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Linux Tee Command with Examples

The tee command reads from the standard input and writes to both standard output and one or more files at the same time. Tee is most commonly used in combination with other commands through piping.

In this tutorial, we’ll cover the basics of using the tee command.

Tee Command Syntax

Before going into how to use the tee command, let’s start by reviewing the basic syntax:

tee [OPTIONS] [FILE]
  • OPTIONS:
    • -a (--append) - Do not overwrite the files instead append to the given files.
    • -i (--ignore-interrupts) - Ignore interrupt signals.
    • Use tee --help to view all available options.
  • FILE_NAMES - One or more files. Each of which the output data being written to.

How to use Linux tee command

The most basic usage of the tee command is to display the standard output (stdout) of a program and write it in a file.

In the following example, we are using the df command to get information about the amount of available disk space on the file system. The output is piped to the tee command, which displays the output to the terminal and writes the same information to the file disk_usage.txt.

df -h | tee disk_usage.txt
Filesystem      Size  Used Avail Use% Mounted on
dev             7.8G     0  7.8G   0% /dev
run             7.9G  1.8M  7.9G   1% /run
/dev/nvme0n1p3  212G  159G   43G  79% /
tmpfs           7.9G  357M  7.5G   5% /dev/shm
tmpfs           7.9G     0  7.9G   0% /sys/fs/cgroup
tmpfs           7.9G   15M  7.9G   1% /tmp
/dev/nvme0n1p1  511M  107M  405M  21% /boot
/dev/sda1       459G  165G  271G  38% /data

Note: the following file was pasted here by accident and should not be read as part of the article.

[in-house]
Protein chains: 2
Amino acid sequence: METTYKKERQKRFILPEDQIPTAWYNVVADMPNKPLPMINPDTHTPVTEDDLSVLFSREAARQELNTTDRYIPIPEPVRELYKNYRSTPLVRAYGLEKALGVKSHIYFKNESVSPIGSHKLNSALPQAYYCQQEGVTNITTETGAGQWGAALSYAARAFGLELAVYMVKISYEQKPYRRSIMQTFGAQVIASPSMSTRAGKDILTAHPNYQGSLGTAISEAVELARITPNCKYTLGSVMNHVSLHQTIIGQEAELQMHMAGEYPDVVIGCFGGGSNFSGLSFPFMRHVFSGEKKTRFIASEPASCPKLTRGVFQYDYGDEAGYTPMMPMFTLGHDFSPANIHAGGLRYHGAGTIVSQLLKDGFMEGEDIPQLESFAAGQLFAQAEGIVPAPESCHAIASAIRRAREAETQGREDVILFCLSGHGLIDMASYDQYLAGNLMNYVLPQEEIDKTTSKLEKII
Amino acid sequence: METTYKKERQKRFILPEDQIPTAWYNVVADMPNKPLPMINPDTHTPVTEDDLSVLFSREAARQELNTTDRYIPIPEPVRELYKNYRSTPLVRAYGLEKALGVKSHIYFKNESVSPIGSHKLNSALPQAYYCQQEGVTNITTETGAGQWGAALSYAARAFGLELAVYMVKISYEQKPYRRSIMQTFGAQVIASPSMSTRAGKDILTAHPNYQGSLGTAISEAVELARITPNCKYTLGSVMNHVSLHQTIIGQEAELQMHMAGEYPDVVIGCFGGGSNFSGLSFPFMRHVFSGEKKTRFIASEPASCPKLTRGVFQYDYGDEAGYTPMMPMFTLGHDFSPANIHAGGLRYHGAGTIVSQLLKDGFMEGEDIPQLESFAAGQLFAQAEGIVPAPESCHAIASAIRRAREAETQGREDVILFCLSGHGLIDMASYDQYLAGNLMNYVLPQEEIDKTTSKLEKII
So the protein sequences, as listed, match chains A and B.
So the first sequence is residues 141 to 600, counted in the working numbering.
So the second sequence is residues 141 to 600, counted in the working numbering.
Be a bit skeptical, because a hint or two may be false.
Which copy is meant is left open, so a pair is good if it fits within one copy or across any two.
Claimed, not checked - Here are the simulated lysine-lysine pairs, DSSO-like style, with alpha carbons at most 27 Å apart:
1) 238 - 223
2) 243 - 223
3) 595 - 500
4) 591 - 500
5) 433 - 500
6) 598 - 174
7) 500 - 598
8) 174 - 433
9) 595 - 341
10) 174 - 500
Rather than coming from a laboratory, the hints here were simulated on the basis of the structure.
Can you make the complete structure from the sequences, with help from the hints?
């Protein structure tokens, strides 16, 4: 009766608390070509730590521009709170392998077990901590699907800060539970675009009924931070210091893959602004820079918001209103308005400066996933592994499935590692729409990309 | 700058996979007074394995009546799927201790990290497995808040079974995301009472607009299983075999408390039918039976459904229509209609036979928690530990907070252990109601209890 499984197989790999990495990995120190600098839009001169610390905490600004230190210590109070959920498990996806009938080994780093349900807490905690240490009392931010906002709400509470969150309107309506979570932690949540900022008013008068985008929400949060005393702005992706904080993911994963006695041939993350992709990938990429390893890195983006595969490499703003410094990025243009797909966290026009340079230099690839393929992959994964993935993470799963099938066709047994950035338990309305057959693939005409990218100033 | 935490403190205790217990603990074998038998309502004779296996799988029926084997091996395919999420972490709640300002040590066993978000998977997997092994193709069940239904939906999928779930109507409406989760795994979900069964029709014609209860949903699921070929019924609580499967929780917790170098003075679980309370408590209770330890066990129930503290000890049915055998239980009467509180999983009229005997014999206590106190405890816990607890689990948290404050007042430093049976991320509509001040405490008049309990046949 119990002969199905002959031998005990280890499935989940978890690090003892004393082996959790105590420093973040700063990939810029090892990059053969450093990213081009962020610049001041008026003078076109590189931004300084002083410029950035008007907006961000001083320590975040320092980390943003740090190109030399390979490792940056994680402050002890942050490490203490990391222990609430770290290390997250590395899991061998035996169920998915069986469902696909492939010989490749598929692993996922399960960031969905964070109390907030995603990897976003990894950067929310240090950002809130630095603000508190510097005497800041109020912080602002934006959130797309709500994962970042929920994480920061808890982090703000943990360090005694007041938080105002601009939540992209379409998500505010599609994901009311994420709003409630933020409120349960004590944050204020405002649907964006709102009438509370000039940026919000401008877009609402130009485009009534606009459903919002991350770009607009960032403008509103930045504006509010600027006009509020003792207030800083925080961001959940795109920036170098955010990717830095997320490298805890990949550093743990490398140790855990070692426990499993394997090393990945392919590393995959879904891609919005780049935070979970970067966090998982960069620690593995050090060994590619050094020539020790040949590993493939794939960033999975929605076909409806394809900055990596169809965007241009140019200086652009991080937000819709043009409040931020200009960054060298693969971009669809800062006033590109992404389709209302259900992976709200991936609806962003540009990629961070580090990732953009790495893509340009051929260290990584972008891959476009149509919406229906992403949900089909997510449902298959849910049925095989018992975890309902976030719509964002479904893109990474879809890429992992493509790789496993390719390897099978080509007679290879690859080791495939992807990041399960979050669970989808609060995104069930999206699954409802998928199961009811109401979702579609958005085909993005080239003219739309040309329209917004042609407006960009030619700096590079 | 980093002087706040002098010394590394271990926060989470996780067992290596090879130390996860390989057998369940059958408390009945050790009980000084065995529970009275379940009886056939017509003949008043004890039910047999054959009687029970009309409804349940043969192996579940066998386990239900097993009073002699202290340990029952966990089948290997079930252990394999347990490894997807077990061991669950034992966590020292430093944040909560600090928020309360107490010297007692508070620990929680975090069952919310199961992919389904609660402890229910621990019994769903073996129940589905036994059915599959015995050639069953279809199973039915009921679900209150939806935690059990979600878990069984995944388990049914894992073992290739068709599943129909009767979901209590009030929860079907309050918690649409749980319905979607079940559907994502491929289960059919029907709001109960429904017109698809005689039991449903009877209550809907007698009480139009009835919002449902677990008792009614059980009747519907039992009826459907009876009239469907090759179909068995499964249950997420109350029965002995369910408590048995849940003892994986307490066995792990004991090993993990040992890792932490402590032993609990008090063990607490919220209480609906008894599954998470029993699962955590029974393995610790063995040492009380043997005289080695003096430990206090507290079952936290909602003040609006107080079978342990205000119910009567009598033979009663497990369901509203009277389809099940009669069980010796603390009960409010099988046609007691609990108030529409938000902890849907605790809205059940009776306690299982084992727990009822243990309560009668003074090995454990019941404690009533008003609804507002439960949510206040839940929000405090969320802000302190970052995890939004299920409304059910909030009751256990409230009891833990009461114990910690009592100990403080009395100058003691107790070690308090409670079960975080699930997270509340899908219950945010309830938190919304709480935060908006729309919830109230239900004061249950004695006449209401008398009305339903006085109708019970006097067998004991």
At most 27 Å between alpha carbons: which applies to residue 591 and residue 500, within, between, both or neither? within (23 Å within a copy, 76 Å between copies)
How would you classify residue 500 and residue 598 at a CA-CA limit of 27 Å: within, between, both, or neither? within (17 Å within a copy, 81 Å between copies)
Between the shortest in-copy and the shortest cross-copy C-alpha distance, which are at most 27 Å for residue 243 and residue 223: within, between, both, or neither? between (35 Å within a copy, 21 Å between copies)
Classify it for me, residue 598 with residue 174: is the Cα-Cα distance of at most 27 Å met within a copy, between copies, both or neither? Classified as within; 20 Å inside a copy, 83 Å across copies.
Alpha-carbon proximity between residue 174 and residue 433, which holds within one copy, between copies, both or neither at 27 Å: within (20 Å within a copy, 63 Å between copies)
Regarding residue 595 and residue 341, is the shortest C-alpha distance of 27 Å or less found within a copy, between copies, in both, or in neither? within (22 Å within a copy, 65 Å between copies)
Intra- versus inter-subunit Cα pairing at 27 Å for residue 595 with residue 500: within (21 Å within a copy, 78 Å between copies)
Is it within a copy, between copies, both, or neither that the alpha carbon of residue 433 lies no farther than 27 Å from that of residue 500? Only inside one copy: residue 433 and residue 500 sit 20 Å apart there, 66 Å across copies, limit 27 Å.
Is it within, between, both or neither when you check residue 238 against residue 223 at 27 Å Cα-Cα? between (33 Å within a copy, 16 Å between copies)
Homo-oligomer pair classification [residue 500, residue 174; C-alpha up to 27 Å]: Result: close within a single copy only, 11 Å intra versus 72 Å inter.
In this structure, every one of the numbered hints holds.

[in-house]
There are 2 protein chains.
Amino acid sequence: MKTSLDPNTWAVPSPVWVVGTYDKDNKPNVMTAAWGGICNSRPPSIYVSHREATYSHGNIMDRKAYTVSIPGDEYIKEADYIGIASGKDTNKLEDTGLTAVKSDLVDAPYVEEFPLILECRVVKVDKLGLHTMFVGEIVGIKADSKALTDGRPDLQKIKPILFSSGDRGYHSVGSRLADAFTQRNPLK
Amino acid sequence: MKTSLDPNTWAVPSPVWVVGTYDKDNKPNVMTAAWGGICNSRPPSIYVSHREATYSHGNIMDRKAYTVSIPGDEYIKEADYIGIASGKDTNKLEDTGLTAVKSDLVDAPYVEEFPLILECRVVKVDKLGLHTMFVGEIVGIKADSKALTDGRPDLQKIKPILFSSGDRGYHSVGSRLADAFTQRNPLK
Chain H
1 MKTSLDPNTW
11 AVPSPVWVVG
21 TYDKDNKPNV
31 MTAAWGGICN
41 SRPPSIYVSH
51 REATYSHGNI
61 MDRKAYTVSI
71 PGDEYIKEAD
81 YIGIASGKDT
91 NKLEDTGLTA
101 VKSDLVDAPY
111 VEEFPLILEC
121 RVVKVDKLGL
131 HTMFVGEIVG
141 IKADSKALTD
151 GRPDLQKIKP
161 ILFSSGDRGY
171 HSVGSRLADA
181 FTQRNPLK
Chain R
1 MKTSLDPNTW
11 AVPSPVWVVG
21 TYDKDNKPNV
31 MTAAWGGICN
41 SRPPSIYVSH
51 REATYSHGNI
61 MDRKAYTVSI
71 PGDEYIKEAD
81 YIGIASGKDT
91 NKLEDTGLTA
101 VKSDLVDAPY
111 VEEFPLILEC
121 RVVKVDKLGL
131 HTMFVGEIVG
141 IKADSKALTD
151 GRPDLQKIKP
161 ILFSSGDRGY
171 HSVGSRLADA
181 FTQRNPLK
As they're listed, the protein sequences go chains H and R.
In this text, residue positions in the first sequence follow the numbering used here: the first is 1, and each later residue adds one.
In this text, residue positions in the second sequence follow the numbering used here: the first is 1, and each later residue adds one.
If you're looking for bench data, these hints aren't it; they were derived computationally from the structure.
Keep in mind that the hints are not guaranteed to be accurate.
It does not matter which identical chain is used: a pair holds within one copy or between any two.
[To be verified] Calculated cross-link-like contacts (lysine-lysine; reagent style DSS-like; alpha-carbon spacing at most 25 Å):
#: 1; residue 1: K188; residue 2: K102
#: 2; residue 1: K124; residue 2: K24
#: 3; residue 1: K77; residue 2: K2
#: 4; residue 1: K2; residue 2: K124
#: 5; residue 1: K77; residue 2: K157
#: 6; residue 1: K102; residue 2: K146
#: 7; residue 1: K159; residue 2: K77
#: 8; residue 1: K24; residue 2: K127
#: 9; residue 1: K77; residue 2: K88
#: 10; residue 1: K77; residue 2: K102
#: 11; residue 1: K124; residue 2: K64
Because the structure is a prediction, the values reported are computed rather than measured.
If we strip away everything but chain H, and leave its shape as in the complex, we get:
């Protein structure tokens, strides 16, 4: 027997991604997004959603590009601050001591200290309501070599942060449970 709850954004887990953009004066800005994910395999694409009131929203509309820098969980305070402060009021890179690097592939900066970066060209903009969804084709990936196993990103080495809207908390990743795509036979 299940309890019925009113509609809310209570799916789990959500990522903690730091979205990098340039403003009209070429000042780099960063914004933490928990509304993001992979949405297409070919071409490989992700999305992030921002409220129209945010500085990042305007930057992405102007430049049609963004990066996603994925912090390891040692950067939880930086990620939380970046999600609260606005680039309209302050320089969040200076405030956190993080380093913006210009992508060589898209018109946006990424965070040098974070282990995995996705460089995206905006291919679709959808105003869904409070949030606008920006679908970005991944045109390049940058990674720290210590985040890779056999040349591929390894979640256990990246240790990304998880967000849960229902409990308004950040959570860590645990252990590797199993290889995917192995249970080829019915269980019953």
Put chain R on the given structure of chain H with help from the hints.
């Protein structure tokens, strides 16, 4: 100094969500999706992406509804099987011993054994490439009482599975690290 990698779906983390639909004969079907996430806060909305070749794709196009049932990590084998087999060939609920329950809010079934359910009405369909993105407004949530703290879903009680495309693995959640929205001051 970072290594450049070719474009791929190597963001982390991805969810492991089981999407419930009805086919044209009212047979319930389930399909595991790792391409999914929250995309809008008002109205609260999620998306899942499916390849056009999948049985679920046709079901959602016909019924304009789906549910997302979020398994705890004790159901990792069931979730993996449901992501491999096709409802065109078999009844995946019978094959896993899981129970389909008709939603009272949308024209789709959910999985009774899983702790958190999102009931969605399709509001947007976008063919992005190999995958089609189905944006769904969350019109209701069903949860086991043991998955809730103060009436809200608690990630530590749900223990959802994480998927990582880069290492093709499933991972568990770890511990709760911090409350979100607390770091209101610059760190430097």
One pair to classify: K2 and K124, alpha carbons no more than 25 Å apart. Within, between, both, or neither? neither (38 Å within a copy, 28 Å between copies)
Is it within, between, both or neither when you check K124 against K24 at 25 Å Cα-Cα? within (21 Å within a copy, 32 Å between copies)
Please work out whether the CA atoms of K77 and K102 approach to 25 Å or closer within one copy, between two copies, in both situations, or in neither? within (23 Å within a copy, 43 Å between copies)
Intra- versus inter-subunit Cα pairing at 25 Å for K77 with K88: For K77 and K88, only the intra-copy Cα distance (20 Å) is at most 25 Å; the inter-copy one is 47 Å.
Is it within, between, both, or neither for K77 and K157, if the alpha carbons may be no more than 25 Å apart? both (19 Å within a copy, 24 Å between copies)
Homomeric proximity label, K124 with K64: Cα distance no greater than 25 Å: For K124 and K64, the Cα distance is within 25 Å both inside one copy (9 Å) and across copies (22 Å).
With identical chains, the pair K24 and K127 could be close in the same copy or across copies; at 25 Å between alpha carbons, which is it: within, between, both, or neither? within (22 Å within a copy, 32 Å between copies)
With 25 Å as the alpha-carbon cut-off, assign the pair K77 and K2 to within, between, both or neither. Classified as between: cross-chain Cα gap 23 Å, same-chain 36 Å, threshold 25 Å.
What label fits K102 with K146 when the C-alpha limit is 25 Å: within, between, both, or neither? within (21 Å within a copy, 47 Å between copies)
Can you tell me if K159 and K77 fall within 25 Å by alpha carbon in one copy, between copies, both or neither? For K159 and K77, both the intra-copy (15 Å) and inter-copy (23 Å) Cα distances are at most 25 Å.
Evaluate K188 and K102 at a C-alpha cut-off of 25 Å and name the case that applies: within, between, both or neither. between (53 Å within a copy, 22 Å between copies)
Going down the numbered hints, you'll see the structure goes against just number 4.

tmpfs           1.6G   16K  1.6G   1% /run/user/120

You can verify the content of the disk_usage.txt file using the cat command.

Write to Multiple File

The tee command can also write to multiple files. To do so simply specify a list of files separated by space after the tee command:

command | tee file1.out file2.out file3.out

Append to File

By default the tee command will overwrite the specified file. Use the -a (--append) option to append the output to the file:

command | tee -a file.out

Ignore Interrupt

To ignores interrupts use the `-i (--ignore-interrupts) option. This is useful for example if you interrupt the command during execution with CTRL+C and you want tee to exit gracefully.

command | tee -i file.out

Hide the Output

If you don’t want tee to write to the standard output (display output on the screen), you just need to redirect it to /dev/null:

command | tee file.out >/dev/null

Using tee in Conjunction with sudo

Let’s say you want to write to a file that is owned by root as a sudo user. The following command will fail because the redirection of the output is not performed by sudo, it will happen as the unprivileged user.

sudo echo "newline" > /etc/file.conf

The output will look something like this:

bash: /etc/file.conf: Permission denied

You can use the tee command in conjunction with sudo to write to files owned by other users.

Simply prepend sudo before the tee command as shown below:

echo "newline" | sudo tee -a /etc/file.conf

Tee will receive the output of the echo command, elevate to sudo permissions and write to the file.

Conclusion

By now you should have a good understanding of how to use the Linux tee command.

If you have any question or feedback feel free to leave a comment.